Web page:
We’ve all seen the TV ads and read the stories about Peloton. And while some credit the brands demise to THAT episode of the revival of Sex & the City the brand and concept has a lot more problems to deal with. In the release of its latest earnings revenue fell 24% and the entire category of what is being called “connected fitness equipment” fell 42%. Peloton’s loses alone are now $757 million. About a year ago, the company was valued at $50 billion. Today it’s worth around $4 billion. Don’t get me wrong that’s still a lot of money – but Peloton’s premise – as well as other companies in this category is misguided.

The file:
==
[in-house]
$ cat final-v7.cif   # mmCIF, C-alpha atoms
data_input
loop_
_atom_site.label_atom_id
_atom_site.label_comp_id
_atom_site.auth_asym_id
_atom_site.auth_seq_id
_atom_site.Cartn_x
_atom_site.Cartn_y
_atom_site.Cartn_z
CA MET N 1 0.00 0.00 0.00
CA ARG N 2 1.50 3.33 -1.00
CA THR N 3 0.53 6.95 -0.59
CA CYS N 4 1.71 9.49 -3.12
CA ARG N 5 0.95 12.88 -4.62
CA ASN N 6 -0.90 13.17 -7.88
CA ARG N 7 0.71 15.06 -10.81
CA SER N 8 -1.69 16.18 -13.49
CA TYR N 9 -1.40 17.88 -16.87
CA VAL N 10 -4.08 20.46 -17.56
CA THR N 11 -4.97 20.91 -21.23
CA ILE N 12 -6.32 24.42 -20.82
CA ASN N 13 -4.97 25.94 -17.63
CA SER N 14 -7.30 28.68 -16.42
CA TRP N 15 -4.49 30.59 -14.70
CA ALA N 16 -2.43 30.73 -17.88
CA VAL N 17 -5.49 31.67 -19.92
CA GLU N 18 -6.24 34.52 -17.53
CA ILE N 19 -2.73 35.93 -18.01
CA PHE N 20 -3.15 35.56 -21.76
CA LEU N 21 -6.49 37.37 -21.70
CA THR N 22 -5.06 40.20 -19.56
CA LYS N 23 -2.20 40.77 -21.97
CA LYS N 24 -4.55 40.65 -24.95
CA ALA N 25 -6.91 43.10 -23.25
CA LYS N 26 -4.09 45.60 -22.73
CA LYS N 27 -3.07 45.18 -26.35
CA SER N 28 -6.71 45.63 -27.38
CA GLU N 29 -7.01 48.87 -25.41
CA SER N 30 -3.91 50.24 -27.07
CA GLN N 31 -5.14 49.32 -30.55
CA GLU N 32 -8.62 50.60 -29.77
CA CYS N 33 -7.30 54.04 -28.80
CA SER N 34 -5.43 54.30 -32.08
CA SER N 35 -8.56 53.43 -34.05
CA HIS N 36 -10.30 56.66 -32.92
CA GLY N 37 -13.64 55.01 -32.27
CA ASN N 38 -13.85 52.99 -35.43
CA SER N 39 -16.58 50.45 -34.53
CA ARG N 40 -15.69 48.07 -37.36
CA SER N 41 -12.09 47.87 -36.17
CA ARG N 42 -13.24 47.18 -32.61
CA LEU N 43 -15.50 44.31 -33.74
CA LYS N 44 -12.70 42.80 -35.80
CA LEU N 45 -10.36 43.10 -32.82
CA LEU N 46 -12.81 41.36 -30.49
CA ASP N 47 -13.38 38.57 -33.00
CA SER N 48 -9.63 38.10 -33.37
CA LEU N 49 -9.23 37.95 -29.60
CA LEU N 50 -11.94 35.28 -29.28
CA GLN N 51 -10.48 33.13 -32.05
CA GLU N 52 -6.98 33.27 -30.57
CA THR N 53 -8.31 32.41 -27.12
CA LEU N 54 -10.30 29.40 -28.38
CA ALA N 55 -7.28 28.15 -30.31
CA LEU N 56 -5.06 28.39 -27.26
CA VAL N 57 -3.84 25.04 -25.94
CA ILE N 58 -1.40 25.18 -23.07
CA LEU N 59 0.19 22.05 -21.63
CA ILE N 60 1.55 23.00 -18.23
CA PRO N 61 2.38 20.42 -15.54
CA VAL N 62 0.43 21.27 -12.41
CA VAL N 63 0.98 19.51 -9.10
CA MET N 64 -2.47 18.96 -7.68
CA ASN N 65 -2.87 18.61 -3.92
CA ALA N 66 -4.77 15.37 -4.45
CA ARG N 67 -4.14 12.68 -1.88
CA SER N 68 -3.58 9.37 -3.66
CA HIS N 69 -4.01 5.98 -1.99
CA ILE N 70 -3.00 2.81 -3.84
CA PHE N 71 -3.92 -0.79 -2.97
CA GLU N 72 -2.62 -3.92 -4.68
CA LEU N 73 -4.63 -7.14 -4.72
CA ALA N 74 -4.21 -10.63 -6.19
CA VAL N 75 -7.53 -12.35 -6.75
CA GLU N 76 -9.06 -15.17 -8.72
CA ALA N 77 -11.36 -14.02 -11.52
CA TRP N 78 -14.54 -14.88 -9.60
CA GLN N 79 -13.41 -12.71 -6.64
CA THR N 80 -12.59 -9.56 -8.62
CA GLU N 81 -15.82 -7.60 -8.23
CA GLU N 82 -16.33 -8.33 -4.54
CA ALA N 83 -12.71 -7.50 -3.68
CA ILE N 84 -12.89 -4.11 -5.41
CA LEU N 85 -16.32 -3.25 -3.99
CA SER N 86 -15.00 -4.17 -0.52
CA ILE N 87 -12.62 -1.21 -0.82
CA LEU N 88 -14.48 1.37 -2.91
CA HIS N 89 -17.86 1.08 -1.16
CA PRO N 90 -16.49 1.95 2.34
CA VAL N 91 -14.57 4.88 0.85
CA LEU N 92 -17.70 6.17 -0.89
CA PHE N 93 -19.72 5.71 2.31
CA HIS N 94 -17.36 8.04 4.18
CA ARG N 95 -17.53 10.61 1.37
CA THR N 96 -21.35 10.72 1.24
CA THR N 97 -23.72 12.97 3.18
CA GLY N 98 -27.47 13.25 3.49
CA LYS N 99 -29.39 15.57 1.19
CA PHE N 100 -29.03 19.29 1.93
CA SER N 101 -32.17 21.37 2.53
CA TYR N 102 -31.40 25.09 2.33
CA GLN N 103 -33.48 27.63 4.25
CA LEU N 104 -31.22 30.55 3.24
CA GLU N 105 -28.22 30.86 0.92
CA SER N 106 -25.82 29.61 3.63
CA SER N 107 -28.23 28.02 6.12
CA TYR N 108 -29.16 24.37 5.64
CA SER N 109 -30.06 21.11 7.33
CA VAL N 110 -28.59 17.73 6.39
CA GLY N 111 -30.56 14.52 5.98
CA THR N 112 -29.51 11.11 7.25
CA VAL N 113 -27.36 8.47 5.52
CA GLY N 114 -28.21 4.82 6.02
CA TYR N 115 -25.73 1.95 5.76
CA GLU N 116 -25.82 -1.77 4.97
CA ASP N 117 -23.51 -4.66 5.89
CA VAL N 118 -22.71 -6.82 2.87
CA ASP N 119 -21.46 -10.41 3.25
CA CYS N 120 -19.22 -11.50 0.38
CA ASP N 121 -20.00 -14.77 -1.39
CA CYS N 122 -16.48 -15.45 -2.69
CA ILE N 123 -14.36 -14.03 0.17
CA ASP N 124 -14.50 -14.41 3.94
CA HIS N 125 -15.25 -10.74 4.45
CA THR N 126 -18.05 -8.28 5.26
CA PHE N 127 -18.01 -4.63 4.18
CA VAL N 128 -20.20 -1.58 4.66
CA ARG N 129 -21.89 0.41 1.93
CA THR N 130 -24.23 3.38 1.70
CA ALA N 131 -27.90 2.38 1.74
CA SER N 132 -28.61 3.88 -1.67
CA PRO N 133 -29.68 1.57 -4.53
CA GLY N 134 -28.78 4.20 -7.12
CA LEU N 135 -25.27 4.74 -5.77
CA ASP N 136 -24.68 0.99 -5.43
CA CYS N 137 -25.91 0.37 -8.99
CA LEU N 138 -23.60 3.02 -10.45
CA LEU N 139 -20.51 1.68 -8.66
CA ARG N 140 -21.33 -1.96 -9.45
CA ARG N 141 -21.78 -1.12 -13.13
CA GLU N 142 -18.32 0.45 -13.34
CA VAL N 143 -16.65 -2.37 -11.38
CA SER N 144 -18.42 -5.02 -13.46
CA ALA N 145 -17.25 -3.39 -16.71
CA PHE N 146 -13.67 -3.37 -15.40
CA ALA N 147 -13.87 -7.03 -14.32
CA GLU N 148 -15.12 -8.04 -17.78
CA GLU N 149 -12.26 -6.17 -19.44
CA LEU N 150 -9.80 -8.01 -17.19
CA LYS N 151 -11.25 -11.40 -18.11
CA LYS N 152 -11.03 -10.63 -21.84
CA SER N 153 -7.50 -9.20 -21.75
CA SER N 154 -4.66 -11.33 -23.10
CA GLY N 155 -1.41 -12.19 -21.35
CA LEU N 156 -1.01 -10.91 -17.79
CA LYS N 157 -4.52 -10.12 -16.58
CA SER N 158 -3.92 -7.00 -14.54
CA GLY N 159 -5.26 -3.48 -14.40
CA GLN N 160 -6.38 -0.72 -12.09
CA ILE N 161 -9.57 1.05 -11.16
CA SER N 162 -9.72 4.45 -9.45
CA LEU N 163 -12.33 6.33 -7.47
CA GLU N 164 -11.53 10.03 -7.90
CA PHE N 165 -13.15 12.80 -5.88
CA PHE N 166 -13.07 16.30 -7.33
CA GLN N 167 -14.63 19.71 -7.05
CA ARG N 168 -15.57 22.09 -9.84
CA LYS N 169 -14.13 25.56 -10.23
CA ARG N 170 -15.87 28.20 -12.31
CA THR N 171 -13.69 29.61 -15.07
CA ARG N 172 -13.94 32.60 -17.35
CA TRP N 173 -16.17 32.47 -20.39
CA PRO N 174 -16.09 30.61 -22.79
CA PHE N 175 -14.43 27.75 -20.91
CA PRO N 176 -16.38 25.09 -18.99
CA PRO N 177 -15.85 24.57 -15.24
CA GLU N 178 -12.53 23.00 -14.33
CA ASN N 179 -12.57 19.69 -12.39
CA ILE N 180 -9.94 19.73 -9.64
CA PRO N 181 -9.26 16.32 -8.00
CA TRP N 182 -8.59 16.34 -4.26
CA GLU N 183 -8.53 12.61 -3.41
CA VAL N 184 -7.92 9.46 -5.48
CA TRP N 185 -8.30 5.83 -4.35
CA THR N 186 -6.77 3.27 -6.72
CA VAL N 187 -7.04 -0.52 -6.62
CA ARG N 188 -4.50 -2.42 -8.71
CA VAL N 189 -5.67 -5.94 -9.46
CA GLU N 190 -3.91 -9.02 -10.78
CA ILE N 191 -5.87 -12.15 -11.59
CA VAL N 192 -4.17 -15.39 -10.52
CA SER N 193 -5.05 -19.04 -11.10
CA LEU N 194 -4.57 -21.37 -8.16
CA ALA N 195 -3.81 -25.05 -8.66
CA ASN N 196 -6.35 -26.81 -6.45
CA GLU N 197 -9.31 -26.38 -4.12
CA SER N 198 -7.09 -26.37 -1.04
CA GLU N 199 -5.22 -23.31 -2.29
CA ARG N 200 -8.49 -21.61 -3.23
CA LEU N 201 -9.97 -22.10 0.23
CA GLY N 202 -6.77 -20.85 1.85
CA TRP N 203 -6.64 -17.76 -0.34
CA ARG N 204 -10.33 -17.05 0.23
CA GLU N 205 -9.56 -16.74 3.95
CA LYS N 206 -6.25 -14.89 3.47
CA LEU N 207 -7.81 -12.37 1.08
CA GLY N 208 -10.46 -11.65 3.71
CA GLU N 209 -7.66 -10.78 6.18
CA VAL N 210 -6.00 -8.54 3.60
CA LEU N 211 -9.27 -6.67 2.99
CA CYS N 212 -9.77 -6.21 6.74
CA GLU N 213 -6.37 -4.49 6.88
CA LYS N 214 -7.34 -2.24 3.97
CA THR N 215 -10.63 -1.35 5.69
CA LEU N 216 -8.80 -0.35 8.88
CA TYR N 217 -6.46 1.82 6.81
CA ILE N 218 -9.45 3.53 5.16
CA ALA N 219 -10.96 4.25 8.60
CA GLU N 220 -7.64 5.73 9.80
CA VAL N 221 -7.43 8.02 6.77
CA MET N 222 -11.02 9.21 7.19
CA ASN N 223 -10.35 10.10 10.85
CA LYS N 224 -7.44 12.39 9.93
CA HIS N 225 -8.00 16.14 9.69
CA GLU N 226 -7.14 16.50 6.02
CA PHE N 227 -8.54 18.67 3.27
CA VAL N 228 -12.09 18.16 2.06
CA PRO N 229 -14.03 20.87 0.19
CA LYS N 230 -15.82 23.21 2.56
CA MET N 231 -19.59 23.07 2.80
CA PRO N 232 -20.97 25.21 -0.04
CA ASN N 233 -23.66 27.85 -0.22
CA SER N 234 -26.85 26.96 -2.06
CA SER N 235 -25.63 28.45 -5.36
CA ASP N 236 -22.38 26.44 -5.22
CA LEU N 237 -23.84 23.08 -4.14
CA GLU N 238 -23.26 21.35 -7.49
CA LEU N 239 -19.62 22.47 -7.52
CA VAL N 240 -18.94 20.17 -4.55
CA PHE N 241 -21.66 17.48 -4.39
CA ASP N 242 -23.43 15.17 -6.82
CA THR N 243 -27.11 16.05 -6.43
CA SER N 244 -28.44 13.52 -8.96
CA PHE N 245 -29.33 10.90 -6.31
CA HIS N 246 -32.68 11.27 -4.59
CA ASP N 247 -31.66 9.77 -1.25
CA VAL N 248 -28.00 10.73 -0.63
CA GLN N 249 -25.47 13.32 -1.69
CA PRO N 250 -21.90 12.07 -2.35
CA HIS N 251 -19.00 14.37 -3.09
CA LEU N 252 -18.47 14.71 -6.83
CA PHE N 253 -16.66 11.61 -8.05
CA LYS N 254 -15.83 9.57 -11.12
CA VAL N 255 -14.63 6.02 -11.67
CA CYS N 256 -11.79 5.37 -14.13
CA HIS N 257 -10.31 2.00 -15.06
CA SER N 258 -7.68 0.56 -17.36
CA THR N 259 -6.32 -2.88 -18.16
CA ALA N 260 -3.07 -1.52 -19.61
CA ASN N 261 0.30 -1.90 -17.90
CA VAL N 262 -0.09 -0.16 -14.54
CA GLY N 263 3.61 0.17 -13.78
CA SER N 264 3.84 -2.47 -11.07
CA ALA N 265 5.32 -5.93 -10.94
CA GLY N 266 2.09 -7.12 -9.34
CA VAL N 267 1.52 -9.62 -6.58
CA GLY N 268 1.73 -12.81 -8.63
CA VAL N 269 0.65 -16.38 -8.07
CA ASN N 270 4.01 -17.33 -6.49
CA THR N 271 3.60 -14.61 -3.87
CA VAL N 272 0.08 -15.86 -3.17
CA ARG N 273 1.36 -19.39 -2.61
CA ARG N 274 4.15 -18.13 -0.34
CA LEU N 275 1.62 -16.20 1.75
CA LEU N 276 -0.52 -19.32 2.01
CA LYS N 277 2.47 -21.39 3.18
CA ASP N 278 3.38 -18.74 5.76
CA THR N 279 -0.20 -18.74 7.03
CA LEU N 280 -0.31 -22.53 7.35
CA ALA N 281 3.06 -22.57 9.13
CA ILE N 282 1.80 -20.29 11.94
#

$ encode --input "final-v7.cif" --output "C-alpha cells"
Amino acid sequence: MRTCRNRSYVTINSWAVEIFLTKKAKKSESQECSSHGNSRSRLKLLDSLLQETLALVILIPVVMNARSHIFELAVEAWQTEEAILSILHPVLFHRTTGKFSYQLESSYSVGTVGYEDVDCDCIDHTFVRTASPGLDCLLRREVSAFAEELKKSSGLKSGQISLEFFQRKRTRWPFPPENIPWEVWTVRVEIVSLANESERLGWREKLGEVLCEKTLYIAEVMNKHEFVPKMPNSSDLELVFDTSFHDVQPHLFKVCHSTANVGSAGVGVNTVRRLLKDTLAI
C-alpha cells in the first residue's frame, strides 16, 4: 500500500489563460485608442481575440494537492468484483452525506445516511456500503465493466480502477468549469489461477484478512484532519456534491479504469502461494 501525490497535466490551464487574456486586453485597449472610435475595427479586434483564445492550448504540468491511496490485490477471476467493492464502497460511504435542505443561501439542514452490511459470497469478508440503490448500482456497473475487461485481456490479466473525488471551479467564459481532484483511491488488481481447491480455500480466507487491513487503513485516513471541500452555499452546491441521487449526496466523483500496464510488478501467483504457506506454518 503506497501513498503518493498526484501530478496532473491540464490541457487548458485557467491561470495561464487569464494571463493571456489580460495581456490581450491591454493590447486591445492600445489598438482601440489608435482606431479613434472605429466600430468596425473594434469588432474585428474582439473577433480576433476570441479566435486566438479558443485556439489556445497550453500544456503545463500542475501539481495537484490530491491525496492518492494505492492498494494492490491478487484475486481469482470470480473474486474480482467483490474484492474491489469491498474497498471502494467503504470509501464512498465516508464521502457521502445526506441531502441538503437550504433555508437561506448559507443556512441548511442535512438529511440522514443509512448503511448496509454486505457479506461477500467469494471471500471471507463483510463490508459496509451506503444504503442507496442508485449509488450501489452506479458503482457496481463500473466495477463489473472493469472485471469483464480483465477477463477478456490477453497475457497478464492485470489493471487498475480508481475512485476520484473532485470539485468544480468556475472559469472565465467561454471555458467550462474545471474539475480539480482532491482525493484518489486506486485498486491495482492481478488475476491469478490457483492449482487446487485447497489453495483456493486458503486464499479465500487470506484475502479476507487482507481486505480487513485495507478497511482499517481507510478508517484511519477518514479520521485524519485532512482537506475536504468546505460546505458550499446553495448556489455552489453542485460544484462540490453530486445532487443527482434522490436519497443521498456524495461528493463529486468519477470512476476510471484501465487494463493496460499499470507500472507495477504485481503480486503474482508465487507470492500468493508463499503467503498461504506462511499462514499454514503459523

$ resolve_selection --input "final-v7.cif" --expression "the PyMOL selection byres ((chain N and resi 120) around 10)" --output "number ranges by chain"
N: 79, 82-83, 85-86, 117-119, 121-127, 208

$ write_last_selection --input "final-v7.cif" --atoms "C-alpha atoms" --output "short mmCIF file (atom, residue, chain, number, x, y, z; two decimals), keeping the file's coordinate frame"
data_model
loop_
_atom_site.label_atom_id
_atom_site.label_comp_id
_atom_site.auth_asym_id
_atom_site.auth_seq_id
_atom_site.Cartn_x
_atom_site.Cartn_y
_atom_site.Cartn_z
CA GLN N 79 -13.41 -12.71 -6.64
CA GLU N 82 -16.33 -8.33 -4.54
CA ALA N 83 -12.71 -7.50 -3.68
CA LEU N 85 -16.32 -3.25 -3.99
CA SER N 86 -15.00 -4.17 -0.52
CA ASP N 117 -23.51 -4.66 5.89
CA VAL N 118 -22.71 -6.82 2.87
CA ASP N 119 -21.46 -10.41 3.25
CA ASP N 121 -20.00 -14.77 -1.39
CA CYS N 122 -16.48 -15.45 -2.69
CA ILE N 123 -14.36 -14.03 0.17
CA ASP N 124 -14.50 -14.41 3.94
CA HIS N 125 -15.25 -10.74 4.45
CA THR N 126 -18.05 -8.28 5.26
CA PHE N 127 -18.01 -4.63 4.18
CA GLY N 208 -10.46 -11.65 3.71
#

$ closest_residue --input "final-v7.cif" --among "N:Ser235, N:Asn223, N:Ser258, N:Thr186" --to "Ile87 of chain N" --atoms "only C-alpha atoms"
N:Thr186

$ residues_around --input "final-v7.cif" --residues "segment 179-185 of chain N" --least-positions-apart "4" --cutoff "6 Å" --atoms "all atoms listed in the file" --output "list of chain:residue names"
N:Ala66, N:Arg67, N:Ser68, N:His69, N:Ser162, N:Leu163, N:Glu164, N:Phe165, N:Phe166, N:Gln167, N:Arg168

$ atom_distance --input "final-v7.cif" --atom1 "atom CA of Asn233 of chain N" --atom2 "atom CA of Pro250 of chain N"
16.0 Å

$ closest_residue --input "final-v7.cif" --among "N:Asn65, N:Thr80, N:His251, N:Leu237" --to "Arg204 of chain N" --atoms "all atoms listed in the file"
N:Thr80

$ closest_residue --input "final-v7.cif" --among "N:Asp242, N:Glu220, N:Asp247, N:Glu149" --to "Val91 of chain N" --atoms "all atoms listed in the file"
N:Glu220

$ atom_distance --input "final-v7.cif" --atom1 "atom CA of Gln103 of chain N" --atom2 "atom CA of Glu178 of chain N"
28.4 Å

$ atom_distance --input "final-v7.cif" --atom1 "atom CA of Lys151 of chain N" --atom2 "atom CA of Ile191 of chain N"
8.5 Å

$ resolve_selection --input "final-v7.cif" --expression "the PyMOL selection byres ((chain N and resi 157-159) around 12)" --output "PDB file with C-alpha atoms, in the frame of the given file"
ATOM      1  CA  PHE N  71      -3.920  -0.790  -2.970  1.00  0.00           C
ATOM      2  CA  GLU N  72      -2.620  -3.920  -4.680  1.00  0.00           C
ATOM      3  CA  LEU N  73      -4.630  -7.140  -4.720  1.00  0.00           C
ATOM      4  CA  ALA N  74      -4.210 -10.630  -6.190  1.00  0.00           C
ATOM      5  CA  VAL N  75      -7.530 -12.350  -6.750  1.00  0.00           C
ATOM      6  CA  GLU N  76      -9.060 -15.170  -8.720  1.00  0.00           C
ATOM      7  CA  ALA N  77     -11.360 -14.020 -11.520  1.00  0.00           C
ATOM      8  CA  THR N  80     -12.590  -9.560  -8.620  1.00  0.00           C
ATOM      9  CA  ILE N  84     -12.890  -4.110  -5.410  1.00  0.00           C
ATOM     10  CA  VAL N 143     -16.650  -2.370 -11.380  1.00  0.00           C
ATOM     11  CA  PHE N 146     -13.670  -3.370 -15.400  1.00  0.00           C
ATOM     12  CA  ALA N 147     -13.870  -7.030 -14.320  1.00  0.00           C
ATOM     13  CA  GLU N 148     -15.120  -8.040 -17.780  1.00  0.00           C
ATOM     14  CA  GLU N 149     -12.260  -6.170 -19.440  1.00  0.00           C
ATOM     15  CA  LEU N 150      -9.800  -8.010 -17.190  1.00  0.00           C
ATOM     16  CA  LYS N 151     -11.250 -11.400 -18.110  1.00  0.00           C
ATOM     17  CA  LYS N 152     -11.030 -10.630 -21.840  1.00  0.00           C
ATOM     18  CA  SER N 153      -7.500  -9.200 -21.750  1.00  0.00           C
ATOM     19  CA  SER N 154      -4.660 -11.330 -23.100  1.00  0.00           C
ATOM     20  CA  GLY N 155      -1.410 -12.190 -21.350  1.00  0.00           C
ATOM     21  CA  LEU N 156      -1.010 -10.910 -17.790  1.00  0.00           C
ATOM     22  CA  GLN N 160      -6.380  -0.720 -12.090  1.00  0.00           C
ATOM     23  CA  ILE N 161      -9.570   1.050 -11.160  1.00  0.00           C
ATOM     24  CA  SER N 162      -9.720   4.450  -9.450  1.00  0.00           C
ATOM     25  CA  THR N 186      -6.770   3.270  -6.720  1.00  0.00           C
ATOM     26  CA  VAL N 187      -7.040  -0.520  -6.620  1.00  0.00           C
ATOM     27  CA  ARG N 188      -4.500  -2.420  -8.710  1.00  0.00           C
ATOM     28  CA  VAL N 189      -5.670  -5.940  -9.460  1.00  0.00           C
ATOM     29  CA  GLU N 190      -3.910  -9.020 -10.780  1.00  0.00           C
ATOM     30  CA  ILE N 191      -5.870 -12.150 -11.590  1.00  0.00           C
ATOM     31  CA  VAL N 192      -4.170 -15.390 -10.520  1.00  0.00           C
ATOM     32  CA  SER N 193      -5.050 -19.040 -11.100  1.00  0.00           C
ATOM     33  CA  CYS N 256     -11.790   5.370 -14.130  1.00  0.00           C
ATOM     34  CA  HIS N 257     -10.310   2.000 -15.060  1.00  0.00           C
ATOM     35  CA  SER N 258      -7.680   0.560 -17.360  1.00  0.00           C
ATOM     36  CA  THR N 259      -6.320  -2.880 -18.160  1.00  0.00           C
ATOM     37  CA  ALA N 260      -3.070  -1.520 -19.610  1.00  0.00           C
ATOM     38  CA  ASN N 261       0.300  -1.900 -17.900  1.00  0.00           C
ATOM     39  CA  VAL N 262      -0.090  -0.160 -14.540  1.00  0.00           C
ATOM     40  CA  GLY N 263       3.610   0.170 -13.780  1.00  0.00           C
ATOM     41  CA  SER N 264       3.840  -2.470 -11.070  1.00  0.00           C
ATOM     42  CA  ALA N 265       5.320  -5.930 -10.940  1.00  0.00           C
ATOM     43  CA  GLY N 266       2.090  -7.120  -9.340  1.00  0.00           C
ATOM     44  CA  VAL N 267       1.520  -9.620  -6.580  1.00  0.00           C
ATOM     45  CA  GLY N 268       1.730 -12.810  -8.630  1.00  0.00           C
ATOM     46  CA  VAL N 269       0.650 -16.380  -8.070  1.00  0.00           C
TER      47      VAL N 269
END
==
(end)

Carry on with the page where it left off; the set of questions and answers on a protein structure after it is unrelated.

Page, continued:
Sure during the pandemic when people had to stay at home the concept of connecting with others during a workout through the internet had merit. But for many, that trip to the gym serves two purposes – working out of course – but also meeting up with friends and creating a social event. People want to be with other people – that was before the pandemic and certainly the desire has increased even more since we were all shuttered in for so long. Too often we point to technology as the answer. Let’s remember how Peloton rose to fame – it was those early ads – where an attractive guy and an attractive girl in facing high rise apartments were working out on their bikes but stealing glances through their ceiling high windows at each other across the way.